27.07.2011 For many years, the Drohobych Caritas Volunteer Centre has conducted an exchange program between children and youths from Western Europe and Ukraine. This year 150 children from the L’viv region got the opportunity to participate in summer camps in Poland and nearly 20 young people from Poland have come to Ukraine. From 2-31 July, nearly 20 young volunteers from cities in Northern Poland vacationed at the Caritas Volunteer Centre in the city of Drohobych in the L’viv region.
The program was designed to unite rest and volunteer work; they met and socialized with Ukrainian volunteers, revived the local cemetery, and helped the village of Dovhe. This youth exchange was made possible by the Polish organization CWM and the European Union program Youth in Action.
During the first half of the program, Polish and Ukrainian youths worked together to clean up and revive the local cemetery in the city of Drohobych. They cleaned up graves and the surrounding areas and documented each gravesite to create an informational resource of the historic cemetery.
The Drohobych cemetery that the children worked in is a well known historical landmark. It is only four years younger than L’viv’s Lychakiv cemetery and is roughly as old as other well known cemeteries such as Powazki in Warsaw, Rakowicki in Cracow (Poland), Rasos in Vilnius (Lithuania), and Pere-Lachaisein Paris, France. The cemetery in Drohobych is 44 years older than the Baykove cemetery in Kyiv.
Nataliya, a volunteer from Gdynia states: “we are cleaning up graves which haven’t been looked after for many years or have been completely abandoned. Many famous Polish, European, Russian and Ukrainian people are buried here. It doesn’t matter who these people are, we just want them remembered. There are also a lot of graves at this cemetery which were destroyed by vandals. We must learn to be sensitive—to history and to the lives of other people, both living and dead.”
On 17 July, the young volunteers moved on to the village of Dovhe in the L’viv region to try to bring some life back to the place. Their goal is to help the secluded village and its inhabitants out of their current economic predicament. Years ago, the Soviet government resettled most of the village’s inhabitants in order to flood the village. The plan to build damns never materialized and the village, along with its remaining inhabitants, was forgotten.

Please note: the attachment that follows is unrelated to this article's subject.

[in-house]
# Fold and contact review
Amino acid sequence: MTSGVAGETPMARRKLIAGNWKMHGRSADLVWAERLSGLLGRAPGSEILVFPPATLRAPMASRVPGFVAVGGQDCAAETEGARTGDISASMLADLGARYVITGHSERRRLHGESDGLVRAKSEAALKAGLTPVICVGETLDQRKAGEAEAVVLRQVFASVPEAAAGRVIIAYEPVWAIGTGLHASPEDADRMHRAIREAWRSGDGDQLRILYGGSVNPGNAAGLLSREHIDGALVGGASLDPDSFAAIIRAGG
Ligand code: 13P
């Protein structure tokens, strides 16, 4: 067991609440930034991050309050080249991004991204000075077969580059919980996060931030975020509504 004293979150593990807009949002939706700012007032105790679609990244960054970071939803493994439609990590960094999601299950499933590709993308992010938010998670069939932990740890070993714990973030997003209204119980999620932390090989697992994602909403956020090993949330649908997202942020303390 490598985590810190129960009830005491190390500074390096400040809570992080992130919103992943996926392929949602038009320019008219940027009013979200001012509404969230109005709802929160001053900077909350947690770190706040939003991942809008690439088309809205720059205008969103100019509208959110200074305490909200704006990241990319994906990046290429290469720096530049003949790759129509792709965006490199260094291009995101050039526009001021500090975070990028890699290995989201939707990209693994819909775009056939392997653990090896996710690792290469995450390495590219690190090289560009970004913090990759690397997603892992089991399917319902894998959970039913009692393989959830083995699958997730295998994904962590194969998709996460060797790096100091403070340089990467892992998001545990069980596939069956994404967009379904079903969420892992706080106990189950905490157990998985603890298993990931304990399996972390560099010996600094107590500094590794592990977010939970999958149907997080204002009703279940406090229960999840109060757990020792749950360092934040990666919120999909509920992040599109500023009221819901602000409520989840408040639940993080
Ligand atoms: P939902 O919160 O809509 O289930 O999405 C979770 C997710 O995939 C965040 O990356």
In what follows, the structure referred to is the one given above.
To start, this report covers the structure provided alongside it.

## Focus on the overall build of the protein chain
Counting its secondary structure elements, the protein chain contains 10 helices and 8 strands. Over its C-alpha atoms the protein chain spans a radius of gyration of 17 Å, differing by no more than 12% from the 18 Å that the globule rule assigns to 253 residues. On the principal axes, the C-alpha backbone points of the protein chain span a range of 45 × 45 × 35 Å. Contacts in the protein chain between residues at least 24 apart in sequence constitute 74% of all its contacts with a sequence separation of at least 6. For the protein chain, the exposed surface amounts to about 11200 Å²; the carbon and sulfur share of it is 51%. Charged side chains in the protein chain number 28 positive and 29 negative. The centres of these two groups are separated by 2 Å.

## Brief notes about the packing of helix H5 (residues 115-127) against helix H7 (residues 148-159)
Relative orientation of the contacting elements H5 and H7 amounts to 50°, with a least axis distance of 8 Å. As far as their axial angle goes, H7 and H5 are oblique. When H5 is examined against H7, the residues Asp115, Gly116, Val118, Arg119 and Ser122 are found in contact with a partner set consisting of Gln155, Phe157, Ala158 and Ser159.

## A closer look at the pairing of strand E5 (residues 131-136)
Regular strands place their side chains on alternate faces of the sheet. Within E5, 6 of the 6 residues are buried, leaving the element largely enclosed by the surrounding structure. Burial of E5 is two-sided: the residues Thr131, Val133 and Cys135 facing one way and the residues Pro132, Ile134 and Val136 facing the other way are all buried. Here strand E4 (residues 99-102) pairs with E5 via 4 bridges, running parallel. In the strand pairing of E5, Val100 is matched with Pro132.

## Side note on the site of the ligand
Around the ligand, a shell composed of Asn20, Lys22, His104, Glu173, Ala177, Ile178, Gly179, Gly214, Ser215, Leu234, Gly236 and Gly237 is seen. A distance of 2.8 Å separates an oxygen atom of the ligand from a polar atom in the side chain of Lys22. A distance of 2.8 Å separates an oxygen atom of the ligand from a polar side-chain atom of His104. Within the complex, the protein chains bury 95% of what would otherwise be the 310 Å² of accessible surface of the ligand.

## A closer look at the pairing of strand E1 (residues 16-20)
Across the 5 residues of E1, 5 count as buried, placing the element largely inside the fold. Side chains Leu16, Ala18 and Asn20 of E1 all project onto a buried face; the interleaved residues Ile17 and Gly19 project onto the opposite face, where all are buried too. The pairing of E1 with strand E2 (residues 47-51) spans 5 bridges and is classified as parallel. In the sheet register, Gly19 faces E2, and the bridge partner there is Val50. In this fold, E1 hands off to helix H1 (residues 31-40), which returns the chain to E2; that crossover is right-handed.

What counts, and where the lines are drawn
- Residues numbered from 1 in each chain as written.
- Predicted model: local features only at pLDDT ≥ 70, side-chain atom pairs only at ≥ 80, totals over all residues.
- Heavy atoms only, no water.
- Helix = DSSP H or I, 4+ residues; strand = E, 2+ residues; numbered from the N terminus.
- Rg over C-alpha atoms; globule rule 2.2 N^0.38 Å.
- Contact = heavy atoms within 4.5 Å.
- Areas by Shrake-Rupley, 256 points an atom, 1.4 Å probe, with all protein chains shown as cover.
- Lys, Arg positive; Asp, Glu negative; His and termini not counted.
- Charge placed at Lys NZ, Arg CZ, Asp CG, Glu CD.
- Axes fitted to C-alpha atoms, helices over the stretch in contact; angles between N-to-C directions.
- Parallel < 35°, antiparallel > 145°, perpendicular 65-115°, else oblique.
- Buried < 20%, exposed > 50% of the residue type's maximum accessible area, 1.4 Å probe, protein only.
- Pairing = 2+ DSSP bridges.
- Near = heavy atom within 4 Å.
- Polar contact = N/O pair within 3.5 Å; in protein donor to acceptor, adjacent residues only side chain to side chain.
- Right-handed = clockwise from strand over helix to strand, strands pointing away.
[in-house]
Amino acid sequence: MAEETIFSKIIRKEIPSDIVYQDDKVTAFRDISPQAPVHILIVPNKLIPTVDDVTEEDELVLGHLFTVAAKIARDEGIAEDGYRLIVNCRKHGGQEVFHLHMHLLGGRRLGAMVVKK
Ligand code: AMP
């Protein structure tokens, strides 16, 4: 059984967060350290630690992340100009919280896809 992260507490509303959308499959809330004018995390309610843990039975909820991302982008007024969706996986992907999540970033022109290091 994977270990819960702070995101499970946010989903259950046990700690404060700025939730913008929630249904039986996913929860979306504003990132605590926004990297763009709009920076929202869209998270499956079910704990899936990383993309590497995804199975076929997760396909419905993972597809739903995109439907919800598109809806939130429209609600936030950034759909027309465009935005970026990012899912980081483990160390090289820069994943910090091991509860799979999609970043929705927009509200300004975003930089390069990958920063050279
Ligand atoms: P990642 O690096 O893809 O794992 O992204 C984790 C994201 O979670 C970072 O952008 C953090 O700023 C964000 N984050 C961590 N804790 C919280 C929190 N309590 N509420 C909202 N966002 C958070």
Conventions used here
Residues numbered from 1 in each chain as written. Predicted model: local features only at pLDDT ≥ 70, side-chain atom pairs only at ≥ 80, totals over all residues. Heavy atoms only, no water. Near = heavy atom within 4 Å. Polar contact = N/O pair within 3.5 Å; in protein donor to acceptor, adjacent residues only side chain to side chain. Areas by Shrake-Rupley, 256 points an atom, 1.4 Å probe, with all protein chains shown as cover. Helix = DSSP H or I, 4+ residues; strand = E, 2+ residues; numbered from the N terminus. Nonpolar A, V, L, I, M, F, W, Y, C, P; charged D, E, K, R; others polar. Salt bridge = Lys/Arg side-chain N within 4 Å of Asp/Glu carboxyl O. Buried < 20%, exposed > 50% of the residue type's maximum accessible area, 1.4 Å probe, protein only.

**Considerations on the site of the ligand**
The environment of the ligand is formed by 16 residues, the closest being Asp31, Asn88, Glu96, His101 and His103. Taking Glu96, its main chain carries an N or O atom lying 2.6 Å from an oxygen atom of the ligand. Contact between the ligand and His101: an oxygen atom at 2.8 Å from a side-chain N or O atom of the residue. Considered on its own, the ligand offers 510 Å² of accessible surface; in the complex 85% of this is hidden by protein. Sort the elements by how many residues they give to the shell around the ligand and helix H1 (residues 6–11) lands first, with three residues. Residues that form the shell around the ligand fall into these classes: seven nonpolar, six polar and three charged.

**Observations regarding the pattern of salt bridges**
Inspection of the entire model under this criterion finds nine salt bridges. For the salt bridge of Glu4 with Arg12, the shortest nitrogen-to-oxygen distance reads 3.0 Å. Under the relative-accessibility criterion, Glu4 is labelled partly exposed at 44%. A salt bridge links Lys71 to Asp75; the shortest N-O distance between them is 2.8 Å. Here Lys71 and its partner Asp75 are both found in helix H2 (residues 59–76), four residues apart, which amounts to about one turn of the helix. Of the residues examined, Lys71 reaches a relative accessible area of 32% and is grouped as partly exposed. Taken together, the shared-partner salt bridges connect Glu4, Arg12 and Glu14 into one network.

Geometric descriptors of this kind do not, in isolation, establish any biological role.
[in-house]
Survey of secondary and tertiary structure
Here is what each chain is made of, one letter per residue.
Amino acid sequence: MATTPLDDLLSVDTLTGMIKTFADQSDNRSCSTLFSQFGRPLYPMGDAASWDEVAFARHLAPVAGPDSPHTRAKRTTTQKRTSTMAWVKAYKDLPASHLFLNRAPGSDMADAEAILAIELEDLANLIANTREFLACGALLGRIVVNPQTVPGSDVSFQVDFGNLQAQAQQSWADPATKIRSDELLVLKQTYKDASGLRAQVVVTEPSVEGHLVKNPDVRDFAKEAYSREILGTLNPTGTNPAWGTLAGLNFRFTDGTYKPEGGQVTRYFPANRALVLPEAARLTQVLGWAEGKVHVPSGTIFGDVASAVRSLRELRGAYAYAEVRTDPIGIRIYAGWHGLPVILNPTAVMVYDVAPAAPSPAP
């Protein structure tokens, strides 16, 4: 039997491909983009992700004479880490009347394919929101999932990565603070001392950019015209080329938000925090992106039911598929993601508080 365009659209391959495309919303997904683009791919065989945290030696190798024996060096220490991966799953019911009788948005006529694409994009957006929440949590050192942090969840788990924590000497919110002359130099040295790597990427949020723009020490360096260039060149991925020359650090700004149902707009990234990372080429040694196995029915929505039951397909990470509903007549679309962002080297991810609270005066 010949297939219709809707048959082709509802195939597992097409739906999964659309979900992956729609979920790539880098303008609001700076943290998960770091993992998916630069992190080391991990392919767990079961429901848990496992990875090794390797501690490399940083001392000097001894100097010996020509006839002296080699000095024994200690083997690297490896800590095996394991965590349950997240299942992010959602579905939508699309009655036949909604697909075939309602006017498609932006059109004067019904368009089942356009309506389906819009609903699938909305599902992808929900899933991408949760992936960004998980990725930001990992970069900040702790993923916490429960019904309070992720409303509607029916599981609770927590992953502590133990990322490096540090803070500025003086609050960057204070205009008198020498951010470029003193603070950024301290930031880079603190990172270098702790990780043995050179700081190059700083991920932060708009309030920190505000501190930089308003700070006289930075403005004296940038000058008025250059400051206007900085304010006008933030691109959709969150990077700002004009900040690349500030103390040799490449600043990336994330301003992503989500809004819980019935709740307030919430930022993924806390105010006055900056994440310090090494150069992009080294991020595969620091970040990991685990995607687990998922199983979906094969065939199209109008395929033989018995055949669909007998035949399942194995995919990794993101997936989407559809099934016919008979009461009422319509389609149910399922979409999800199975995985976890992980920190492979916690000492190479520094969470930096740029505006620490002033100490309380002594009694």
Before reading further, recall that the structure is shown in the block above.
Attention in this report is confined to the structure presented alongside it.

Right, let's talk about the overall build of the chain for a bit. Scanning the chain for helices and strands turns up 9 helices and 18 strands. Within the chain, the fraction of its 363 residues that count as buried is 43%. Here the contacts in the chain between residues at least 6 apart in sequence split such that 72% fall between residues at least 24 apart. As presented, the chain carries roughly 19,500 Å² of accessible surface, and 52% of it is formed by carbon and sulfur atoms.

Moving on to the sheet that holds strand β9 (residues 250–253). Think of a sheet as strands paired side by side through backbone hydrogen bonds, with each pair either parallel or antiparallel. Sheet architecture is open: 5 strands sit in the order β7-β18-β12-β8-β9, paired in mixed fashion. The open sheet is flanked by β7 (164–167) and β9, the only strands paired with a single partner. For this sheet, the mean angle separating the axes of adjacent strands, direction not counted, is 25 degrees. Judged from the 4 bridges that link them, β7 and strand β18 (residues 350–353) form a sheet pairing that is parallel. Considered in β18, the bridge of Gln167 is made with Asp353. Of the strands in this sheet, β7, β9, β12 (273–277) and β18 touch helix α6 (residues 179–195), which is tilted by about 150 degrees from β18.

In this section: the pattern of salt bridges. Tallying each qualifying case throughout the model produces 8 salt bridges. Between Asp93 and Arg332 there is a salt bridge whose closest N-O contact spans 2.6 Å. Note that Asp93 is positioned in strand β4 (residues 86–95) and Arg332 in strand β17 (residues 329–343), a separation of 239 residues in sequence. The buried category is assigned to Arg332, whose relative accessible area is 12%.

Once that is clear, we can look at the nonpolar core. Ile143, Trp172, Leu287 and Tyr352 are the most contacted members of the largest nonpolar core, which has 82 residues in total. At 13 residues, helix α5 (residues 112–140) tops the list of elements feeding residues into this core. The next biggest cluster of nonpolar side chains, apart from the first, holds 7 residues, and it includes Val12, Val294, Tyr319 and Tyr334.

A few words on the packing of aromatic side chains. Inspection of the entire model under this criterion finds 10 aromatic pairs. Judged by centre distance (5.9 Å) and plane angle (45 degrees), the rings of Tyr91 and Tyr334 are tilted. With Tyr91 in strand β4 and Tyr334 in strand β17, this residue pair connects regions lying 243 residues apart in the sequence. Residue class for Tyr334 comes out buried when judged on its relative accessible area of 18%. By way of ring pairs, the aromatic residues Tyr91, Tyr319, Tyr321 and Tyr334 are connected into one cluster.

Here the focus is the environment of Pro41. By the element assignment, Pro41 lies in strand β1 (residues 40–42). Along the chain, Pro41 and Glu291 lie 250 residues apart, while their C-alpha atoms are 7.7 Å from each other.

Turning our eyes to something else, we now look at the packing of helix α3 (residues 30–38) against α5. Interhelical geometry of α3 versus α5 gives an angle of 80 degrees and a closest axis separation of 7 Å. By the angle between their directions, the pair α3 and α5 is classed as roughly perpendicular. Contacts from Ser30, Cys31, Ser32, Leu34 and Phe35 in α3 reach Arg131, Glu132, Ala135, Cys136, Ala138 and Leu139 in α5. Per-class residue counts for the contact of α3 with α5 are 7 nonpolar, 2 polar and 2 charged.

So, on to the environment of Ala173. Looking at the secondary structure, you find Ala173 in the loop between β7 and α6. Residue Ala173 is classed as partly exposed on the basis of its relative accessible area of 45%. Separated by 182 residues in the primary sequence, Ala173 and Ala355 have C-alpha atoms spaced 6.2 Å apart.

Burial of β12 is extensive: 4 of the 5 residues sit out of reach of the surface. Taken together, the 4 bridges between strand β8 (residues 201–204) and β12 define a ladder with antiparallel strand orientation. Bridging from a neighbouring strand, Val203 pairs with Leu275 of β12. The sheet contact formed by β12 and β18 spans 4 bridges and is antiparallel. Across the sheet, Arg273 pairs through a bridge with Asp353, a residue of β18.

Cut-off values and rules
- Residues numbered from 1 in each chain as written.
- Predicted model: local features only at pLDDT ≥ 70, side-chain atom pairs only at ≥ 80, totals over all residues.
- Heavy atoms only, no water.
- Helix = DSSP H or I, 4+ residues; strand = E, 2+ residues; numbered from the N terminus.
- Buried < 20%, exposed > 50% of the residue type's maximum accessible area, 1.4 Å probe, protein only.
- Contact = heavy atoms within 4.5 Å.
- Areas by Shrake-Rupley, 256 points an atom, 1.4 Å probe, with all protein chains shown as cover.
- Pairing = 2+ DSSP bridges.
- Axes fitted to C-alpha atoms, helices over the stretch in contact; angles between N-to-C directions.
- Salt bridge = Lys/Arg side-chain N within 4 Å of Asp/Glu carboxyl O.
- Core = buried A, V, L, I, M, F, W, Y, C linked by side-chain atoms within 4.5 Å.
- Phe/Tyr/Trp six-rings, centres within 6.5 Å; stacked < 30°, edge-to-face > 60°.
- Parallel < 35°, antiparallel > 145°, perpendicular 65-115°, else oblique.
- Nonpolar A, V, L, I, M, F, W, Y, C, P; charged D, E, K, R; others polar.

Caritas volunteers want to develop eco-tourism in Dovhe so that the village can obtain funds to re-establish the most basic infrastructure for its inhabitants. Eco-tourism would also serve as a source of income, and would secure modern living conditions for Dovhe’s people and future generations.
Colleagues from Poland who have experience helping small Polish towns in the Carpathian Mountains refocus their activity from agriculture to eco-tourism have promised to share their knowledge and to help develop a plan to improve the economic situation in Dovhe.
“Cultural exchange for young people is important in and of itself, but our work is even more important because it involves a large number of children and youths from disadvantaged families. We want our young people to have contact with their peers from other European countries—Poland, France, Germany, and Italy.
For them to share their thoughts and experiences, to discuss their values, perspectives, thought processes and their vision for the future. For them to learn how to share and respect each other’s culture. This will help foster an enlightened civil society in Ukraine, and this gives me the most hope for our future,” says Artur Deska, Director of the Caritas Volunteer Centre.
Thanks to the Volunteer Centre, from 11-25 June, 100 Ukrainian children, many of which are orphans or are being raised in single parent or otherwise disadvantaged families, were on exchange in Warzenko, a town near Gdansk, Poland which is famous for its beautiful lakes and proximity to the Sea.
Another group of 50 Ukrainian children will spend 2 weeks in Popovo on the Vistula River near Warsaw at the end of July.